Wiens's other computer was an Apple iBook G3, the curvy, candy-colored laptop known as the "toilet seat Mac." He dropped it one day, and it broke. Wiens was unfazed. As kids, he and his brother were always taking apart and reassembling old radios and kitchen appliances that their grandfather bought for them at Goodwill. He "spent his life making and maintaining things," Wiens wrote of his grandfather in a eulogistic essay published on The Atlantic's website in 2013; he schooled Wiens in the war against "entropy: the second law of thermodynamics that guarantees everything will eventually wear out"; and he sent him off to college with a toolkit and a soldering iron.

IFixit staffer Alec Thille, at his desk at company headquarters.CREDIT: Shaughn and John
Wiens needed a G3 repair manual. He searched in vain online. Apple doesn't share such knowledge with its customers. That ticked him off. It was his computer, after all. Bought and paid for. Why shouldn't he have access to its inner workings? "This shall not stand," Wiens remembers thinking, and so was born the idea for a business.

Wiens and Soules worked it out over the next several years. Initially, they thought they'd write their own repair manuals and sell them, but–first lesson–information is a tough sell. (No one would pay for eHow's articles or videos, either.) Parts and tools, on the other hand, aren't, so Wiens and Soules became online resellers, clearing out the screwdriver shelves at Sears, ordering hard-to-get parts from catalogs, and filling orders, Michael Dell-like, from their dorm. They called their fledgling company PowerBook Fixit, until Wiens got scared that Apple might hunt them down for trademark infringement. Next, they tried PBFixit, which didn't stick either. "People thought it stood for peanut butter," says Soules. Still, people came. "We didn't make money our first month," says Wiens. "We made money our second month. And we've made money ever since."

They roomed together, sleeping in bunk beds so they'd have more space for inventory. Sophomore year, they moved off campus to a two-bedroom apartment, and eventually to a three-bedroom house with a three-car garage that served as a parts warehouse. Taking care of business while keeping up with classes presented certain challenges. "I'd be on the phone with a customer, trying to walk them through installing their hard drive, and I'm looking at the clock thinking, 'I have a midterm across town in 20 minutes,' " says Wiens. "You can't tell the customer that." Eventually, they hired help. One day, an employee arrived for work at the house having forgotten his key, so he picked the lock. The boss was impressed. "To this day, we still teach lock-picking to new employees," Wiens says. (At times, iFixit has sold branded lock-pick sets despite certain complications; it's illegal to ship them via U.S. mail.)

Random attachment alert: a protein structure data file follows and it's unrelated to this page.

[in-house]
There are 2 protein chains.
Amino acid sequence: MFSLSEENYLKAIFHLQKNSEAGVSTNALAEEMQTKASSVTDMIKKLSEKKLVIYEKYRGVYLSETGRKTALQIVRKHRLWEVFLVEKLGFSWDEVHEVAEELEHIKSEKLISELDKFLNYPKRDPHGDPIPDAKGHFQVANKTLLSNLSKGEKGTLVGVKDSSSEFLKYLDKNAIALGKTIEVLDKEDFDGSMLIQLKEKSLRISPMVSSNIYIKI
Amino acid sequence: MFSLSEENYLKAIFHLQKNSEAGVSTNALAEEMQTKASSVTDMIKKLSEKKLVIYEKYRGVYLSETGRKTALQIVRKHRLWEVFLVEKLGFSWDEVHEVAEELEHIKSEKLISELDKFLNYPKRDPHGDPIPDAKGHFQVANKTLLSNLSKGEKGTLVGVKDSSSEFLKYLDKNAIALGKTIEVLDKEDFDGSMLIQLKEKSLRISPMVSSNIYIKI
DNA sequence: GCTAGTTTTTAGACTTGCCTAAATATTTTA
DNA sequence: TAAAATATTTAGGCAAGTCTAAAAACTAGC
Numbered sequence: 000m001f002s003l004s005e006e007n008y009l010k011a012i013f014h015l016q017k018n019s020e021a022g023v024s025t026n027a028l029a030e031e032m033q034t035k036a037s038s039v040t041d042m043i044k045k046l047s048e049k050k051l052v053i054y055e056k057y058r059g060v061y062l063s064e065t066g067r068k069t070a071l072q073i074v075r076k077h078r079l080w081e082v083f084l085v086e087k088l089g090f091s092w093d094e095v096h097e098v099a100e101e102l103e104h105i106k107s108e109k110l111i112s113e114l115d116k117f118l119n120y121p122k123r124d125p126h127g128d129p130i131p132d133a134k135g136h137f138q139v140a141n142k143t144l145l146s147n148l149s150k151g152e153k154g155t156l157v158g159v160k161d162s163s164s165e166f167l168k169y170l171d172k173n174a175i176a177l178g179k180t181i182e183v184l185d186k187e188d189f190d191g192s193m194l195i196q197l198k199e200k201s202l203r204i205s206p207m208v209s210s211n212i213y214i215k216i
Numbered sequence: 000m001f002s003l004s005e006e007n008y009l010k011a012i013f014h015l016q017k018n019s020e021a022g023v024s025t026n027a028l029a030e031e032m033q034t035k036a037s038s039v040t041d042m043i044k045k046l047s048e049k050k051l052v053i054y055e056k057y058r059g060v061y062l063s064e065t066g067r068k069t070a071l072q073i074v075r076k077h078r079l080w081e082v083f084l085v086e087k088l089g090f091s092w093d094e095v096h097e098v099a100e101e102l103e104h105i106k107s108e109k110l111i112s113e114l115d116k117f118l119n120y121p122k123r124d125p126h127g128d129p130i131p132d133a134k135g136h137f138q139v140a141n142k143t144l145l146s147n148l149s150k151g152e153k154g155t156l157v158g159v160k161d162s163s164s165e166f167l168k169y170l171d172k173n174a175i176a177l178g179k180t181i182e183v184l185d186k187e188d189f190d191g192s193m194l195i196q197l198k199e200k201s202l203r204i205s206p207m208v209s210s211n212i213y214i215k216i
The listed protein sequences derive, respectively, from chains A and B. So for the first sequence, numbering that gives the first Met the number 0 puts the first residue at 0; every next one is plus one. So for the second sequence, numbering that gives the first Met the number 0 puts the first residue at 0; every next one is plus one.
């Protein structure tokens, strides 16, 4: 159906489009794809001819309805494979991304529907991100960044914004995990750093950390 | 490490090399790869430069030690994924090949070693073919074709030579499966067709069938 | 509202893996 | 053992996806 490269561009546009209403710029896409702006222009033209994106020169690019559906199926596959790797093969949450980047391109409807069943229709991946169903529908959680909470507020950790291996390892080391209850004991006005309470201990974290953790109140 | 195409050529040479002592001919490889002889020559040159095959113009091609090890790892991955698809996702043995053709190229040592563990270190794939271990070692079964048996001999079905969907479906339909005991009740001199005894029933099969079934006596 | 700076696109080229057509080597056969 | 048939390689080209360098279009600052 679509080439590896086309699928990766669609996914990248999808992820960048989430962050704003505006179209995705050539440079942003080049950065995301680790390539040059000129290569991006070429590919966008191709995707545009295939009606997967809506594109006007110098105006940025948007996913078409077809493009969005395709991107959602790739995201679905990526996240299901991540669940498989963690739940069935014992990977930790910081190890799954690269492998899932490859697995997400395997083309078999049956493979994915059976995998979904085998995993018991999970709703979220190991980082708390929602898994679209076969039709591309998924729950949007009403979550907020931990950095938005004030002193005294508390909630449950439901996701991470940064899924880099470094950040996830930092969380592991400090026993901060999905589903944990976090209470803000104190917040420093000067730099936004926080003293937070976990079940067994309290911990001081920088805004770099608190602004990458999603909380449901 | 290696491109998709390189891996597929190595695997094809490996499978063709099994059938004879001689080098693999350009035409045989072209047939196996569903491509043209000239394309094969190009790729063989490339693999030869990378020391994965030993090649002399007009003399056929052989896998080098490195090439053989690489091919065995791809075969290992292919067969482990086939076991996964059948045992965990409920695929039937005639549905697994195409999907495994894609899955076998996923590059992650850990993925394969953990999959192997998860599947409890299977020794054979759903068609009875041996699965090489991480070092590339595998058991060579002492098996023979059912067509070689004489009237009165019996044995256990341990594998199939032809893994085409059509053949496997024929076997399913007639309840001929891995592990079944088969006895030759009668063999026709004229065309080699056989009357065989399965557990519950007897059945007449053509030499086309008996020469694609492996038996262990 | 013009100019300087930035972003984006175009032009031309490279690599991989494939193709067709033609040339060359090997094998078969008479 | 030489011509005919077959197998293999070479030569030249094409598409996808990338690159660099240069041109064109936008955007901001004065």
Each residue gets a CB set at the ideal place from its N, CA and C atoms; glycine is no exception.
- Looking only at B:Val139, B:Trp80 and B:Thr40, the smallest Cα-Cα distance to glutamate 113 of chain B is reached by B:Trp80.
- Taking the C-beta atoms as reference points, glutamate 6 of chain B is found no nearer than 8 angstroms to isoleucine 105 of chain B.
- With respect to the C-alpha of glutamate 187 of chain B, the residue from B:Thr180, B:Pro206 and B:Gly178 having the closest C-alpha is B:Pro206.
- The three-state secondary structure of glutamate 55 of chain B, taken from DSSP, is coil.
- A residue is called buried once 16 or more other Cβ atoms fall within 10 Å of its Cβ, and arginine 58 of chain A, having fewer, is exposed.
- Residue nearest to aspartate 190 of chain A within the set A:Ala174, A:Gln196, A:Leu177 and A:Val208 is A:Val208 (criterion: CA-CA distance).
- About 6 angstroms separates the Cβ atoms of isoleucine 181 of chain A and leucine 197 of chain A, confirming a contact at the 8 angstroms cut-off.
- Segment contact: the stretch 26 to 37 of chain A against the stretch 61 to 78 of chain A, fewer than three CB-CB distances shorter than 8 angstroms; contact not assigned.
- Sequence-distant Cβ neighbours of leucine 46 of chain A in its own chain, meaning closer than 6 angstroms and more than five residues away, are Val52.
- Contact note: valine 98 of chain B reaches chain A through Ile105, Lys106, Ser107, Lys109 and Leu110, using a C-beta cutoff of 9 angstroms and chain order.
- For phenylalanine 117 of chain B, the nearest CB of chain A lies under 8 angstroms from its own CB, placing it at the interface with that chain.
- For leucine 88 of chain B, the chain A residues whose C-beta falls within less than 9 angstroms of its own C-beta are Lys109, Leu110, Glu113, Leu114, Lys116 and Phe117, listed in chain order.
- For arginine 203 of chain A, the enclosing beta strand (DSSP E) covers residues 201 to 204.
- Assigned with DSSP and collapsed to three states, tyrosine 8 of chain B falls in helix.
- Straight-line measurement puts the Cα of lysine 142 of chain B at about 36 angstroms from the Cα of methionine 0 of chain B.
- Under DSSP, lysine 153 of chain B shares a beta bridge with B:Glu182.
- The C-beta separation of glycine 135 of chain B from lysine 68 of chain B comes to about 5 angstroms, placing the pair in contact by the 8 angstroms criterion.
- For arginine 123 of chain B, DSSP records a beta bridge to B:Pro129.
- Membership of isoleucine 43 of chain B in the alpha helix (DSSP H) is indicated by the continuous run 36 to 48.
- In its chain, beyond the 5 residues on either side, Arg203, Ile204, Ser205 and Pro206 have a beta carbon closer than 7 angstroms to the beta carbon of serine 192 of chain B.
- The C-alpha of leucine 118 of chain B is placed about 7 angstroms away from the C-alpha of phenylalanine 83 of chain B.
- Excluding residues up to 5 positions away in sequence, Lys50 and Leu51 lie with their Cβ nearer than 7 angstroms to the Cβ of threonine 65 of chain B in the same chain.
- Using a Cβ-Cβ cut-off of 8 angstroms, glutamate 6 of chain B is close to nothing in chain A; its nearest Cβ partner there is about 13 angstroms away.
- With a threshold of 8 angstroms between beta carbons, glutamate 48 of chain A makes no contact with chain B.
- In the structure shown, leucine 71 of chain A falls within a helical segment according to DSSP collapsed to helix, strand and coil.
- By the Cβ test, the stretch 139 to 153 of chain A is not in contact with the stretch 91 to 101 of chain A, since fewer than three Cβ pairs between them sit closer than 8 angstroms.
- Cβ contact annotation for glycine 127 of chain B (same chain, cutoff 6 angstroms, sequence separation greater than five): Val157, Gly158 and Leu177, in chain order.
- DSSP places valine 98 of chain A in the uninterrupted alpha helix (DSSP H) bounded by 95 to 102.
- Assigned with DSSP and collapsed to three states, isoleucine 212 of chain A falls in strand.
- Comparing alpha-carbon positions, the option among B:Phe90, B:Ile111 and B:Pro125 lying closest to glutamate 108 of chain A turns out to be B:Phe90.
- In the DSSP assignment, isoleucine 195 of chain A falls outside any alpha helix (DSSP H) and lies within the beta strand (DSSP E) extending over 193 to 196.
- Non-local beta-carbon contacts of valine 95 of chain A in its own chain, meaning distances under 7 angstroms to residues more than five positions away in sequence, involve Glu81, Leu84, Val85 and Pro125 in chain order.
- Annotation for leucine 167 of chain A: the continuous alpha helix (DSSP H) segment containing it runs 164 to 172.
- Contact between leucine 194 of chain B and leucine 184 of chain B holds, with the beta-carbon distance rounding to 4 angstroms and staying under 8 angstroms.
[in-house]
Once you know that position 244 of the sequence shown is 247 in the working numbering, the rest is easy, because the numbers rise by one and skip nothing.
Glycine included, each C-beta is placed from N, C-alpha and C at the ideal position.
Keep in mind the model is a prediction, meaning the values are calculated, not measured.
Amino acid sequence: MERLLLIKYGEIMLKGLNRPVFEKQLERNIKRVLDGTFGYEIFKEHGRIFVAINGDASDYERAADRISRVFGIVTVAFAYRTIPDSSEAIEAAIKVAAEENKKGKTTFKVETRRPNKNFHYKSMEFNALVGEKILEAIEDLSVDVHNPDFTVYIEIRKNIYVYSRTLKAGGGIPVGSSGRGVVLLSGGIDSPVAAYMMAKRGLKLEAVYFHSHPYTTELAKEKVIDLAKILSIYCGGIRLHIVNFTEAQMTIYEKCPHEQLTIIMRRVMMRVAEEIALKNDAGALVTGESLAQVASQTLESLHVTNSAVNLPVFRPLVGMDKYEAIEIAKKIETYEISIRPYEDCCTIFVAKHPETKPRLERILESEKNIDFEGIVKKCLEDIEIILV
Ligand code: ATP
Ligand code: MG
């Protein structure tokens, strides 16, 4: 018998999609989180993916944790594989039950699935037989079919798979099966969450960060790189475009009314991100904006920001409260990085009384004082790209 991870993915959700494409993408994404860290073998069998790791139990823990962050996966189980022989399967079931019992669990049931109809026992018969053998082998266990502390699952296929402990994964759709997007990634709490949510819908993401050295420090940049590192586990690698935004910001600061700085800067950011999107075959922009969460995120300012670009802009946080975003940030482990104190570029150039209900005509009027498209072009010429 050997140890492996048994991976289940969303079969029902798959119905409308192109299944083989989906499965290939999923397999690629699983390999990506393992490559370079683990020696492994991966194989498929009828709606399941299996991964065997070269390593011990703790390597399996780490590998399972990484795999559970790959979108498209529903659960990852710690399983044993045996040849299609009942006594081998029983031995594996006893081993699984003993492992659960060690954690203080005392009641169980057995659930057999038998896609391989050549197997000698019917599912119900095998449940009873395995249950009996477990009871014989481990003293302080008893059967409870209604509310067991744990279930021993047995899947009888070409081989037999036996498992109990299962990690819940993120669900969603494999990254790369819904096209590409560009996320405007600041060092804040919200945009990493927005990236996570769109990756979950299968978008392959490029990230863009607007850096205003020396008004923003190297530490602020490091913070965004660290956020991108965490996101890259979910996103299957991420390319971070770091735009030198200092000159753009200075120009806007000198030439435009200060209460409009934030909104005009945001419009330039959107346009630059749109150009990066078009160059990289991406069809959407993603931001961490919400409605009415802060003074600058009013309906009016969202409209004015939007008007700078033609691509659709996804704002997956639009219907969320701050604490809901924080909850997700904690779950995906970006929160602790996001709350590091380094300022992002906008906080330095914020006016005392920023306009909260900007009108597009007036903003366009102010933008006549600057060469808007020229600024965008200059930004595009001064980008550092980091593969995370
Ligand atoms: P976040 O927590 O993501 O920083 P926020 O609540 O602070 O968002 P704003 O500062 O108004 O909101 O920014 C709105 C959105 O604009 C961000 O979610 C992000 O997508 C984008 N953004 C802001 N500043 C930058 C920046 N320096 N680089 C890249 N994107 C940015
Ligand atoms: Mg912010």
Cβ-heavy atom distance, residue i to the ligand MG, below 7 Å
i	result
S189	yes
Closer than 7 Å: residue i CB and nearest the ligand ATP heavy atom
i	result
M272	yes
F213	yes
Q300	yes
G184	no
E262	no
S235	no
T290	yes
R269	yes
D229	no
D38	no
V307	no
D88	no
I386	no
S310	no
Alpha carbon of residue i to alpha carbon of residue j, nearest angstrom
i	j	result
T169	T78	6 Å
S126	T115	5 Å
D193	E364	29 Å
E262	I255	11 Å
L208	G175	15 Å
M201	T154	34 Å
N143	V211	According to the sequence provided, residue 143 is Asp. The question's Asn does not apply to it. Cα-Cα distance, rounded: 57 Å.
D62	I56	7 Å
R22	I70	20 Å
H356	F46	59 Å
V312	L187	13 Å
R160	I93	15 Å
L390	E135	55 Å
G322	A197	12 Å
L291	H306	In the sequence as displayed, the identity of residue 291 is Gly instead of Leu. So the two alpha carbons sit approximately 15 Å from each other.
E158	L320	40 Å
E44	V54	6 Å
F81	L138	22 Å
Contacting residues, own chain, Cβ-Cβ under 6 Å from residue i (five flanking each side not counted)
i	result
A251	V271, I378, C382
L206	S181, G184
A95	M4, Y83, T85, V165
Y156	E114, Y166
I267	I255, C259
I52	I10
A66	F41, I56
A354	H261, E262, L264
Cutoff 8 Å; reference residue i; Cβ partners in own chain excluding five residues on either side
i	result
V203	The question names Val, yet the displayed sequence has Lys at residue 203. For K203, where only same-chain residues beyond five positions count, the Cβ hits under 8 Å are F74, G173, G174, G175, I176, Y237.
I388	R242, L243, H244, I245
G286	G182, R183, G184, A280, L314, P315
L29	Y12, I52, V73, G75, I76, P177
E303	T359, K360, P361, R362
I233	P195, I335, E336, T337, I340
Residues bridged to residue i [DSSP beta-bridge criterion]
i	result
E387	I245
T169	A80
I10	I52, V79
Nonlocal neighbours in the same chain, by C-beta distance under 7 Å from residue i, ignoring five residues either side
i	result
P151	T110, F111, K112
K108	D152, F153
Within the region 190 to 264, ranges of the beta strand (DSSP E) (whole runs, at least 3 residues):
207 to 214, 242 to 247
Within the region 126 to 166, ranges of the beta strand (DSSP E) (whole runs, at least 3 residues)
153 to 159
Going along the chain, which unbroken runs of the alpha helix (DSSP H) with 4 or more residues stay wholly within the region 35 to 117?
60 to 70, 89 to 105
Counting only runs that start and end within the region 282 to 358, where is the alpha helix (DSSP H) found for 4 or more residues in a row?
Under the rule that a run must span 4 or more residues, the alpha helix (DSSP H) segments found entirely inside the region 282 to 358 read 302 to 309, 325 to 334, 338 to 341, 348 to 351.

"In the beginning, we were very carefully iterating on the customer experience around parts," says Wiens. "Then customers would say, 'Well, that's fine, but how do we install it?' So we wrote them a manual. And they would say, 'Well, that's fine, but we don't have tools,' and so we sold them the tools. And they would say, 'Well, the tools are too expensive,' so then we started building kits and just bundled the tools into the price of the parts. It turns out that we were doing something that nobody else in the parts business was."

The year they graduated, 2007, was the same year the iPhone made its debut, presaging a dramatic shift in their revenue stream from fixing computers to fixing handheld devices. What had begun as a part-time gig was by now a profitable, fast-growing business. It didn't provide them with just spending money while they were in college–it paid for college. It also covered the down payment on the $690,000 house in Atascadero that would serve them over the years, sometimes overlappingly, as their shared home, an employee bunkhouse, and iFixit's headquarters. "This could very well be a career for us," Soules remembers thinking senior year; the thought had never occurred to him before. So much for worrying about finding a job.